Freedom to Care Liberalism, Dependency Care, and Culture
This book presents the first systematic account of dependency care in a liberal theory of justice. Despite the fact that receiving dependency care is necessary for human survival, the practices with which we meet society’s care needs are seldom recognized for their functional role. Instead, norms about gender and race obscure and shape expectations about whose needs for care are legitimate as well as about whose caregiving labor more advantaged members of society will receive. These opaque arrangements must be made visible if we are to remedy skewed intuitions and judgements about care. Freedom to Care develops a modified form of social contract theory with which to evaluate society’s caregiving arrangements. Building on work by feminist liberals and care ethicists, it reframes debates about care to move beyond gender with an inequality-tracking framework that can be employed in any culture. Because care provision has been enmeshed in the subordination of women and people of color, eliminating the invisibility of these forms of labor yields a critical liberal theory of justice with feminist and anti-racist aims.
1. The Theory of Liberal Dependency Care
Part I: Theory
2. A Rawlsian Response to Kittay
3. The Arrow of Care Map
4. Other-Directedness in Contract Theory
5. Autonomy Skills
Part II: Practices, Principles, and Change
6. A Liberal Concept of Caregiving as Burden and Excellence
7. Teaching Boys How to Care
8. A Cross-Cultural Framework
9. Culture, Investments, and Typologies of Men
"Asha Bhandary’s Freedom to Care outlines the most extensive argument to date for incorporating the human need for dependency care in a liberal theory of justice. It offers an important contribution to contemporary liberal political theories by clearly explaining how and why they might include an account of just care within them. It also provides useful insights to the contemporary ethics of care literature by suggesting that many of care ethic’s commitments are not as antithetical to liberal justice as sometimes supposed."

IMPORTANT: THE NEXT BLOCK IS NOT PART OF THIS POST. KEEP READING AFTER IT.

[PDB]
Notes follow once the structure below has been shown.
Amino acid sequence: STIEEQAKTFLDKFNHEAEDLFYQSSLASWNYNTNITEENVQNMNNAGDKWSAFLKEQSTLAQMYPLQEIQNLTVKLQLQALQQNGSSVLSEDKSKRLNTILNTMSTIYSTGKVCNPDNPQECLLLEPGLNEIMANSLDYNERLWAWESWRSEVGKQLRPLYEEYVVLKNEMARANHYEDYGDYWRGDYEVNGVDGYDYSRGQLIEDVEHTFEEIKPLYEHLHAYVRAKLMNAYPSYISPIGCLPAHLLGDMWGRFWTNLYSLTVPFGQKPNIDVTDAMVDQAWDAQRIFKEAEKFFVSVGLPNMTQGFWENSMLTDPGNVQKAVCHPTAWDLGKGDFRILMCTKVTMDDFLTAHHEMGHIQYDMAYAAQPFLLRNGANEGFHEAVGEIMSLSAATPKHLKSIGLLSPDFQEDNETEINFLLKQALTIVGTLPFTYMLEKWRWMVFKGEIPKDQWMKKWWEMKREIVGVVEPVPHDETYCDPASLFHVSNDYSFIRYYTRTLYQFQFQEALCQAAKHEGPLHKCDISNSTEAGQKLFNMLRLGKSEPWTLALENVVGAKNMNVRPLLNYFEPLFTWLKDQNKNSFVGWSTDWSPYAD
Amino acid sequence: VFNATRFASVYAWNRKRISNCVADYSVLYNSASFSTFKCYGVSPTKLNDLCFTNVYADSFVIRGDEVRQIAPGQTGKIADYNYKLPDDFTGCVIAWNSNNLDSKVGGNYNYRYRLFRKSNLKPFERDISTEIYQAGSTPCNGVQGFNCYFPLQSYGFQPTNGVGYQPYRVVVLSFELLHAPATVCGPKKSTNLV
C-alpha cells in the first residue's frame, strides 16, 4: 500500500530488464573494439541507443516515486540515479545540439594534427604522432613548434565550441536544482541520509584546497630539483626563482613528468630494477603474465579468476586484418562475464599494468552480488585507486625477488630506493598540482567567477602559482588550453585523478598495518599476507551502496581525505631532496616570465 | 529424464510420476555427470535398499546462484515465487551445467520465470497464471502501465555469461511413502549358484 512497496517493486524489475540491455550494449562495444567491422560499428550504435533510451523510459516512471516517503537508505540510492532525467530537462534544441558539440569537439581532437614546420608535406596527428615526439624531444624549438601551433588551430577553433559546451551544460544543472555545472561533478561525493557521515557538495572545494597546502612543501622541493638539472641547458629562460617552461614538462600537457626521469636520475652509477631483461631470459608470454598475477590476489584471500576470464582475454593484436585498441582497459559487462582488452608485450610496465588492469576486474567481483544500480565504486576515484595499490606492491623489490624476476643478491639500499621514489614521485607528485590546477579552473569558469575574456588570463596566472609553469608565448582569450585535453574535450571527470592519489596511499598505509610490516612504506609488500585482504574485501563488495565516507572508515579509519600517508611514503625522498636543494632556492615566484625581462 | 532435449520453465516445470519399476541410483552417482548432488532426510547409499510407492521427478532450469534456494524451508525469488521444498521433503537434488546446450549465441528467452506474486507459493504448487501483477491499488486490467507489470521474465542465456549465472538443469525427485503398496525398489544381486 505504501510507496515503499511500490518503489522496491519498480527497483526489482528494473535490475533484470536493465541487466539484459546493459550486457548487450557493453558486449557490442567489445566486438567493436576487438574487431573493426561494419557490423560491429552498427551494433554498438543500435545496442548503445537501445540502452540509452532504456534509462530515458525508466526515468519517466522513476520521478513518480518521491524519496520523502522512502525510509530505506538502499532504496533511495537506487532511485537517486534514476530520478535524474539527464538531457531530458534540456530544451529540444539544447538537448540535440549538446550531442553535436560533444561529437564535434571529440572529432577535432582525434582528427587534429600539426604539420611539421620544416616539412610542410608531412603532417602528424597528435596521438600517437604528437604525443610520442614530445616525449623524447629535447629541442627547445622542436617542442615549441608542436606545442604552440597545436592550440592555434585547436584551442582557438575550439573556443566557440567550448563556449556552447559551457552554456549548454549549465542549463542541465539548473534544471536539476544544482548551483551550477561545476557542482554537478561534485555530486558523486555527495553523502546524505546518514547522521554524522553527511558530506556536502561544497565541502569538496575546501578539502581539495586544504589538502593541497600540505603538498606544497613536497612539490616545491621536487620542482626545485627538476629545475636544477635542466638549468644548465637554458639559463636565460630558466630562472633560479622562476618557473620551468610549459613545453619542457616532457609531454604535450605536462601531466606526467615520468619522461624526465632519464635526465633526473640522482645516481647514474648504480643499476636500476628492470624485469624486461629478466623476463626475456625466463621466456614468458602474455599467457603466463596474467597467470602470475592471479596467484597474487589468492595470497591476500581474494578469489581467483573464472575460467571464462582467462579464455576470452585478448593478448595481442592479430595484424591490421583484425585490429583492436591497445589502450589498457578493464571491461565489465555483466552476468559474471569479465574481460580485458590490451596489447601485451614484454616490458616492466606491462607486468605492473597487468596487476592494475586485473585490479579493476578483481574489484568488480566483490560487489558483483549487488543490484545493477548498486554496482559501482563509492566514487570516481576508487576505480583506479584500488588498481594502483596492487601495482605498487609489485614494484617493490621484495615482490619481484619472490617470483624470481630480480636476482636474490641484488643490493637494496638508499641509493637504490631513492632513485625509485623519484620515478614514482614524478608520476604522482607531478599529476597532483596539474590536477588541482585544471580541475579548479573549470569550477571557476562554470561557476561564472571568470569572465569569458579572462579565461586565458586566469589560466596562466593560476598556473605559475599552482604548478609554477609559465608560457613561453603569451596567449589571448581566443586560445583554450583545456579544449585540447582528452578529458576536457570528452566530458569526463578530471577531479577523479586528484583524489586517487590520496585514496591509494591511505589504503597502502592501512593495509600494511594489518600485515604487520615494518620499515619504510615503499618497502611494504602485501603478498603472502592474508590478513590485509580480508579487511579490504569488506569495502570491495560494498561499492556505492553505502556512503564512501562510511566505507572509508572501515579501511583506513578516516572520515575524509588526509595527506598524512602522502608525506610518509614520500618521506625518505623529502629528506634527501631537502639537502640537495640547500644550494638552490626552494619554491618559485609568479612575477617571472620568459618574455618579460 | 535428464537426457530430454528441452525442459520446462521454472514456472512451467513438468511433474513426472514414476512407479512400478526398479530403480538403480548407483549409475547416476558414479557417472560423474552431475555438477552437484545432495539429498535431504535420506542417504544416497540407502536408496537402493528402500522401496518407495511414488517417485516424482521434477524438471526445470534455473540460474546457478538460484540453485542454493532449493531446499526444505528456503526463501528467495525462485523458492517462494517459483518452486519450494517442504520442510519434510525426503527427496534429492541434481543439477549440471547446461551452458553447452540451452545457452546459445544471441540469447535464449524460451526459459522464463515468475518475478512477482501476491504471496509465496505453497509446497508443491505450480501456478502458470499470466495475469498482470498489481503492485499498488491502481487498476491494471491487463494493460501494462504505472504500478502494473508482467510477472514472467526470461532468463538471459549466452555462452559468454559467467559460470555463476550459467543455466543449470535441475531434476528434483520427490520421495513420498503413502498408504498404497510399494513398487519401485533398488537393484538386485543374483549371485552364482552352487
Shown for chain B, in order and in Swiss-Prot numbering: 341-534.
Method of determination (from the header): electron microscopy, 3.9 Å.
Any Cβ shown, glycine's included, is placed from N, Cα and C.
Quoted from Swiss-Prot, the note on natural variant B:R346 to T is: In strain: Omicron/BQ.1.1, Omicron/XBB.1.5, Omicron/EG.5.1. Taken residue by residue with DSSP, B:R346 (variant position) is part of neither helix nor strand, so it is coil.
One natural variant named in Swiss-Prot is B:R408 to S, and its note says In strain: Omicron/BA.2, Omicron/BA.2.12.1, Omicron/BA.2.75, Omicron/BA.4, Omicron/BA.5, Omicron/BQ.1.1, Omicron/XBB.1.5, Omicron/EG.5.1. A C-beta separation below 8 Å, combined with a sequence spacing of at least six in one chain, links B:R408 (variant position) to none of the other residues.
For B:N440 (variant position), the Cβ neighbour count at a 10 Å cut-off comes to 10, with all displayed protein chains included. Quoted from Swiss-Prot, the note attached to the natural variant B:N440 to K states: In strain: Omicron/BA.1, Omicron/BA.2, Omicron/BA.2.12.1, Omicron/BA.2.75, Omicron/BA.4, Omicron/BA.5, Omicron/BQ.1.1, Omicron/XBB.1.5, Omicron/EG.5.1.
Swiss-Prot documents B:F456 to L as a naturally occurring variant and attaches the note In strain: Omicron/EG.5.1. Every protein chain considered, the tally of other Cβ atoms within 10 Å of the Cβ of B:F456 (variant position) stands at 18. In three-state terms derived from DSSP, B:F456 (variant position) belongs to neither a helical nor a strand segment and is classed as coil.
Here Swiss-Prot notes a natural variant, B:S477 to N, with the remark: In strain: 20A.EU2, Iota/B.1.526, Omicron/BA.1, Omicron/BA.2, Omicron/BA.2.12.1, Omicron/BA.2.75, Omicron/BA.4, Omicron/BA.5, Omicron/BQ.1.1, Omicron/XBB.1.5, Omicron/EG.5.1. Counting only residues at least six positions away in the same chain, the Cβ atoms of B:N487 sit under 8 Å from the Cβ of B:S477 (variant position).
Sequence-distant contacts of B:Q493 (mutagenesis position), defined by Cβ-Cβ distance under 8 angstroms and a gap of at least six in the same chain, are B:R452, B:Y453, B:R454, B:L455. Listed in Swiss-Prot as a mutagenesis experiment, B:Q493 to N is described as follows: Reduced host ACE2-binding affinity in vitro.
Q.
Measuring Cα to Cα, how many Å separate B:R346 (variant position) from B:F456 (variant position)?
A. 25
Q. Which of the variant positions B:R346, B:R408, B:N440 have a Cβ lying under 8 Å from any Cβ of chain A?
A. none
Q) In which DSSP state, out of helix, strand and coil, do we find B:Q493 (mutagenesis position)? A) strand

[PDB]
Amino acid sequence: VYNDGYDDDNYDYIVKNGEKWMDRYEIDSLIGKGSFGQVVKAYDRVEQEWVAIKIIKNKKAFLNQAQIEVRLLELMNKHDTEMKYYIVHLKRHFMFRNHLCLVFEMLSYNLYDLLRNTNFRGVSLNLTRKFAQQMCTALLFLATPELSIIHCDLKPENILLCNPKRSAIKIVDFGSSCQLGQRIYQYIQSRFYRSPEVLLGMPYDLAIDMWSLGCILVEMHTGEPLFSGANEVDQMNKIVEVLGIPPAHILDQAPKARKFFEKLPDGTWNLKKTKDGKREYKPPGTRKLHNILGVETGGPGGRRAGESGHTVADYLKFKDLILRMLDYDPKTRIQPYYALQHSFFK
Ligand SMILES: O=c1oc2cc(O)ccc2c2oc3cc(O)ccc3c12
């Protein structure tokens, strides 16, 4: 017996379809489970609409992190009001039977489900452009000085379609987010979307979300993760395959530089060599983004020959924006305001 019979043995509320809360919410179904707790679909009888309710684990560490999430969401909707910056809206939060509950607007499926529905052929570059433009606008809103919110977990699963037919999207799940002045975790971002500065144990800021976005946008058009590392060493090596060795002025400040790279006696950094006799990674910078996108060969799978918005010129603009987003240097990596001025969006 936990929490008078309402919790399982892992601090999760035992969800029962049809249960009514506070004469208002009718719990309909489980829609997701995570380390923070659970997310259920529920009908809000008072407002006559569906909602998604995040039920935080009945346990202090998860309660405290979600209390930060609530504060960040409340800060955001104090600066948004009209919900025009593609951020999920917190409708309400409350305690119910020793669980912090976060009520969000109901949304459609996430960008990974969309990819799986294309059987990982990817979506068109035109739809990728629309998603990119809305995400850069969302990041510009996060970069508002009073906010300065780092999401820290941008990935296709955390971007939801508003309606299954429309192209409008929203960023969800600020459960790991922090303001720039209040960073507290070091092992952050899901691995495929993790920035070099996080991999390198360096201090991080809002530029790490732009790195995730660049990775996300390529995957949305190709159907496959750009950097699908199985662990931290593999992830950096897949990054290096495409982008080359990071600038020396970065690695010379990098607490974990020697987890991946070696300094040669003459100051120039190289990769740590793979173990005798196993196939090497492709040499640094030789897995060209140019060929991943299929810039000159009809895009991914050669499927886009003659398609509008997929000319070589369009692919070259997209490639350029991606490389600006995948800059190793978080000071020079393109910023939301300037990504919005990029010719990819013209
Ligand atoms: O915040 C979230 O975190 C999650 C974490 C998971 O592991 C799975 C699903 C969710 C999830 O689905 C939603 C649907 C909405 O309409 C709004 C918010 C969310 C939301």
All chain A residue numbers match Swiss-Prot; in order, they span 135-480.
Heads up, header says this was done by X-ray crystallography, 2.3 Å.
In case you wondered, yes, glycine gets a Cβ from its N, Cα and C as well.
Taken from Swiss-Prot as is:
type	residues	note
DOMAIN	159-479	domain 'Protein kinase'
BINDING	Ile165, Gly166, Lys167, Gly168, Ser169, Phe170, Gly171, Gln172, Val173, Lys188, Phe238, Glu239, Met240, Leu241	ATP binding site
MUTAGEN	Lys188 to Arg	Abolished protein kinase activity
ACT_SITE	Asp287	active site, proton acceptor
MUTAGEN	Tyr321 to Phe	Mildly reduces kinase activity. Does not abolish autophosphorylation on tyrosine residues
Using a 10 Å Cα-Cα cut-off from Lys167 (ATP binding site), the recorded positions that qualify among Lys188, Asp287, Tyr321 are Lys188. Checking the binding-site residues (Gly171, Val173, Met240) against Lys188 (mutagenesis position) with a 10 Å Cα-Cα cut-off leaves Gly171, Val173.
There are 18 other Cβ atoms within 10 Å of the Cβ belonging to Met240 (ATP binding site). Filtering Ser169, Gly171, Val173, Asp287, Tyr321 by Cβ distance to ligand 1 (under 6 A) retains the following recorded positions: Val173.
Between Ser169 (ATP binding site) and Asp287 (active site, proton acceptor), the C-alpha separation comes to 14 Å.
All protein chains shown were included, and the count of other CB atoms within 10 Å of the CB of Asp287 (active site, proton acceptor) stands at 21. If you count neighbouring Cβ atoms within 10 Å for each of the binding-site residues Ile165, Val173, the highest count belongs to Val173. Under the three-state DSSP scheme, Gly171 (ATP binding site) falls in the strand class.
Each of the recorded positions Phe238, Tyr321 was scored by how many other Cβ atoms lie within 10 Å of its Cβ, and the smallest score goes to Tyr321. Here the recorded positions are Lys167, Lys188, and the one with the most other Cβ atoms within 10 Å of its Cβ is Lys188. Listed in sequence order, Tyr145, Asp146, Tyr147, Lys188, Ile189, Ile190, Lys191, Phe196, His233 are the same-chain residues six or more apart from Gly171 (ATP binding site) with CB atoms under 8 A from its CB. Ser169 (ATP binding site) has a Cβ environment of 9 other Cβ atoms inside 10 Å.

Daniel Engster, University of Houston, USA
"Freedom to Care shows the sort of attention and responsiveness to complex details and competing value demands that make not only for good care work but good political philosophy. Bhandary insists that to think well about the requirements of justice with regard to care work, we need to think of it as work, and thus distinguish it as much as possible from the relations of affection and love in which it is often carried out. This helps her pay attention not only to the gendered aspects of who cares for whom but the racial ones as well: all the ways that care work is not only unfairly distributed within families but in the expectation that some people will care for other people’s children and elderly parents."
Anthony Simon Laden, The Philosophical Quarterly
"…Bhandary’s book is an important contribution to thinking about pressures to engage in caregiving, and those who may not only resist such pressure but also be free of any expectation to meet others’ needs for care. Her suggestion that political theorizing about just systems of social cooperation must attend to human dependency and needs for care is a welcome reminder of the extent to which it so often has not done so….there is much in this book that fruitfully calls for further exploration, from the nature of care, to the meaning and skills required for autonomy, and the skills needed to engage appropriately and respectfully in the provision of care. There are few books that engage so skillfully with both theorists committed to liberalism, and those committed to the importance of care."
Amy Mullin, University of Toronto, Canada\
"The title of Asha Bhandary’s important new book on liberal dependency care is instructive and cuts right to the heart of the book’s message, telling us what matters (both freedom and care) and roughly how the two values are to be related. Everyone who is to survive, let alone thrive, in any society needs a certain amount of care, so it is a central problem for political theory to hit upon a just way of ensuring its provision. The freedom in question, in Bhandary’s title, is two-sided: on the one hand, liberal dependency care seeks to ensure that no one will be compelled to care, just in virtue of their gender, race, or other group status, but also, to ensure that caregiving is a viable option for everyone – not just for those who, under status quo norms, are already effectively funneled into it . . . Among other things, Freedom to Care should pave the way to much fruitful new work on these issues, including both in theory of autonomy and in philosophy of education. We will be a better, more caring and freer, people if we take its lessons to heart."
Andrea C. Westlund, Florida State University, USA